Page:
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Judicial CP - March 2005
Tribune Chronicle, Warren, Ohio, 2 March 2005
Martin gets no jail time
By Christopher Bobby
WARREN - A judge ignored a prosecutor's recommendation and sentenced former Fowler police Chief James Martin to two years probation and ordered him to pay a $500 fine and perform 120 hours of community service.
The assistant prosecutor had requested a short jail term for Martin, who had been convicted of misdemeanors connected with an unauthorized diversion program. A weeklong trial focused on corporal punishment and the paddlings that several teenage boys and young men agreed to in order to avoid court prosecution.
Trumbull County Common Pleas Judge Andrew Logan called the trial perhaps the most peculiar case he has ever heard. But the judge made it clear that paddling was inappropriate.
"You were trusted because you were respected. Some might say that (paddling) would be appropriate for you in this case. But that would make light of the proceeding. I'm convinced you learned a lesson, considering everything presented in the case," Logan told Martin.
Jurors deliberated about 17 hours over the verdict in the criminal case.
Martin, the former Fowler chief and Howland police captain, was found guilty Feb. 2 on 12 counts of using a sham legal process, and the jury was split on dereliction of duty charges, finding him guilty on six counts and innocent on the other six.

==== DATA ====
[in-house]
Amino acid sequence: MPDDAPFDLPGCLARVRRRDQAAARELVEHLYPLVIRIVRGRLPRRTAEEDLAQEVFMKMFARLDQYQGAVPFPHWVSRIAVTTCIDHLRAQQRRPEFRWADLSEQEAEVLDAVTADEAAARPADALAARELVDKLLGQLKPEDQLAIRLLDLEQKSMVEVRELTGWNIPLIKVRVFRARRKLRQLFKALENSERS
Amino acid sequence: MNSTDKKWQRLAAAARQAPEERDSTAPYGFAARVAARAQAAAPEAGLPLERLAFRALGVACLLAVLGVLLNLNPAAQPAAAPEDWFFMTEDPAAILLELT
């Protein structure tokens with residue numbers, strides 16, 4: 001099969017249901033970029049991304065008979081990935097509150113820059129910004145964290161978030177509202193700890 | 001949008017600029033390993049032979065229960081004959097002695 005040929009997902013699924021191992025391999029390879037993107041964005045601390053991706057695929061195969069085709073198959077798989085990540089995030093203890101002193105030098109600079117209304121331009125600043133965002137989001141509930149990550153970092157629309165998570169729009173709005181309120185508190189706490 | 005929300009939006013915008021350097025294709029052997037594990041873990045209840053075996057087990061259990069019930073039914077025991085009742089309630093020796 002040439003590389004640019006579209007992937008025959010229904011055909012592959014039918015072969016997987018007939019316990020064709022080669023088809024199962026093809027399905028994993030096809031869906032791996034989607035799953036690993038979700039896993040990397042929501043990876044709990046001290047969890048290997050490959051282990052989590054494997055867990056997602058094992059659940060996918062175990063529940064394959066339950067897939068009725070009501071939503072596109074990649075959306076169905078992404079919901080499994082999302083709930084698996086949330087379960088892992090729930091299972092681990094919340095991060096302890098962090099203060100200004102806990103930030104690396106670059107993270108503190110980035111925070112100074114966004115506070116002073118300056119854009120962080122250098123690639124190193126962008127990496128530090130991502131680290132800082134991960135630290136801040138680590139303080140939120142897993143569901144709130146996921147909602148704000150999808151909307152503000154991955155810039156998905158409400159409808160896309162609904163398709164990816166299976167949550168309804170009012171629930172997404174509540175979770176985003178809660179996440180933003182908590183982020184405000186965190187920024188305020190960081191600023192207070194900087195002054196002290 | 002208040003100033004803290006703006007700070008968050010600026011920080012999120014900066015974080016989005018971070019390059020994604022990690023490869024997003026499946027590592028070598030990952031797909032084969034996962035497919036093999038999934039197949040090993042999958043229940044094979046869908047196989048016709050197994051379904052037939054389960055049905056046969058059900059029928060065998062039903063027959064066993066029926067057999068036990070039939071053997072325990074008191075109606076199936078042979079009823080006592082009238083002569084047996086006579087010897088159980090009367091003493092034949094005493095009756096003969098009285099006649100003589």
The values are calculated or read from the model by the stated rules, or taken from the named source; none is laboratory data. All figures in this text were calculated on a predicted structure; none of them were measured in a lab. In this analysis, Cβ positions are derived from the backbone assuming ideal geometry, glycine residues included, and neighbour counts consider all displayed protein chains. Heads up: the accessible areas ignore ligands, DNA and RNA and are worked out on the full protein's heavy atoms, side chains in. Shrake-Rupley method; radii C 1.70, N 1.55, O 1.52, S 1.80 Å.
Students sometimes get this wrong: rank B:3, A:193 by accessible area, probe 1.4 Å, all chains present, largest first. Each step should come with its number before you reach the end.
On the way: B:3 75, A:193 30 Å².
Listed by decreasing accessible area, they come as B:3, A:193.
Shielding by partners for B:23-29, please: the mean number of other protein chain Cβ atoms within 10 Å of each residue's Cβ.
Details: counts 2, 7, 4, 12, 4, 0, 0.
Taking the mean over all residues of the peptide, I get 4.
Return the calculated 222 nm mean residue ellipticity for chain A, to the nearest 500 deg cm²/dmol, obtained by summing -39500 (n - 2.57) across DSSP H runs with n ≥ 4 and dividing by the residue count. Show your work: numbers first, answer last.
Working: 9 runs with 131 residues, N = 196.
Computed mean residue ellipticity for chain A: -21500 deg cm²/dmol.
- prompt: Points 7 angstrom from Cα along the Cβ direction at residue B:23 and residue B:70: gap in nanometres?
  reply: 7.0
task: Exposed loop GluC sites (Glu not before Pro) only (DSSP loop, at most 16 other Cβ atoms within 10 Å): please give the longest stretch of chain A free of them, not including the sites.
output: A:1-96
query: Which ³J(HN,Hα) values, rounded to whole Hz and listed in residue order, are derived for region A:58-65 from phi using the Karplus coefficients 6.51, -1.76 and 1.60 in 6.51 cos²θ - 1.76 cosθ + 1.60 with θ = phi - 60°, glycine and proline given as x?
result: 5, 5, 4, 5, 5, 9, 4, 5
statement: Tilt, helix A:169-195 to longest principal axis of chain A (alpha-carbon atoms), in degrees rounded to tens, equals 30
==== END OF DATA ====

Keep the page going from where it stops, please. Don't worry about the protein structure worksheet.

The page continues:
Martin was found innocent on 11 of 12 counts of assault, with the jury hung on the remaining assault charge. He also was found innocent of the only felony charge, theft in office, which accused Martin of stealing Howland Township property in the form of outdated diversion program files from the 1970s and 1908s.
Assistant Prosecutor David Toepfer said the defense has continued to deny guilt even after the jury found the 18 guilty verdicts.
"Good intentions don't overshadow, the defendant keeping (the diversion program) a secret from some police and township trustees. He was told to stop once and he didn't. The defendant's behavior has given a black eye to law enforcement in Trumbull County and to the badge he wore on his chest," Toepfer said.
Martin's attorney, Dominic Vitantonio, had argued in motions that since his client was found innocent of assault charges, the sham legal process charges should be dismissed. However, Logan ruled in favor of the prosecution.
Vitantonio said, "This was a very unusual case. From the start of the case, I got calls and letters supporting Jim Martin. I see all pros and no cons. He has been helping kids for 30 years. Even jurors said the kids deserved what they got."
He said he plans to appeal the 18 guilty verdicts out of what started out as a 52-count indictment.
Martin, when asked why he openly showed no remorse, said he "felt remorse for the past 10 months. This has been devastating."
Martin said he will continue part-time work with a private company and continue to be active in his church.
"I guess I'm old-school," he said, when asked if litigation nowadays prevents more extreme measures of punishment.
"I was trying to help these kids and the program was effective. If I thought I was breaking the law, I wouldn't have done it," Martin said.
Martin still faces some civil litigation from the diversion program participants and their families who were paraded into the courtroom during the criminal case.
Several of the cases in federal court have been dismissed, but that dismissal is being appealed.
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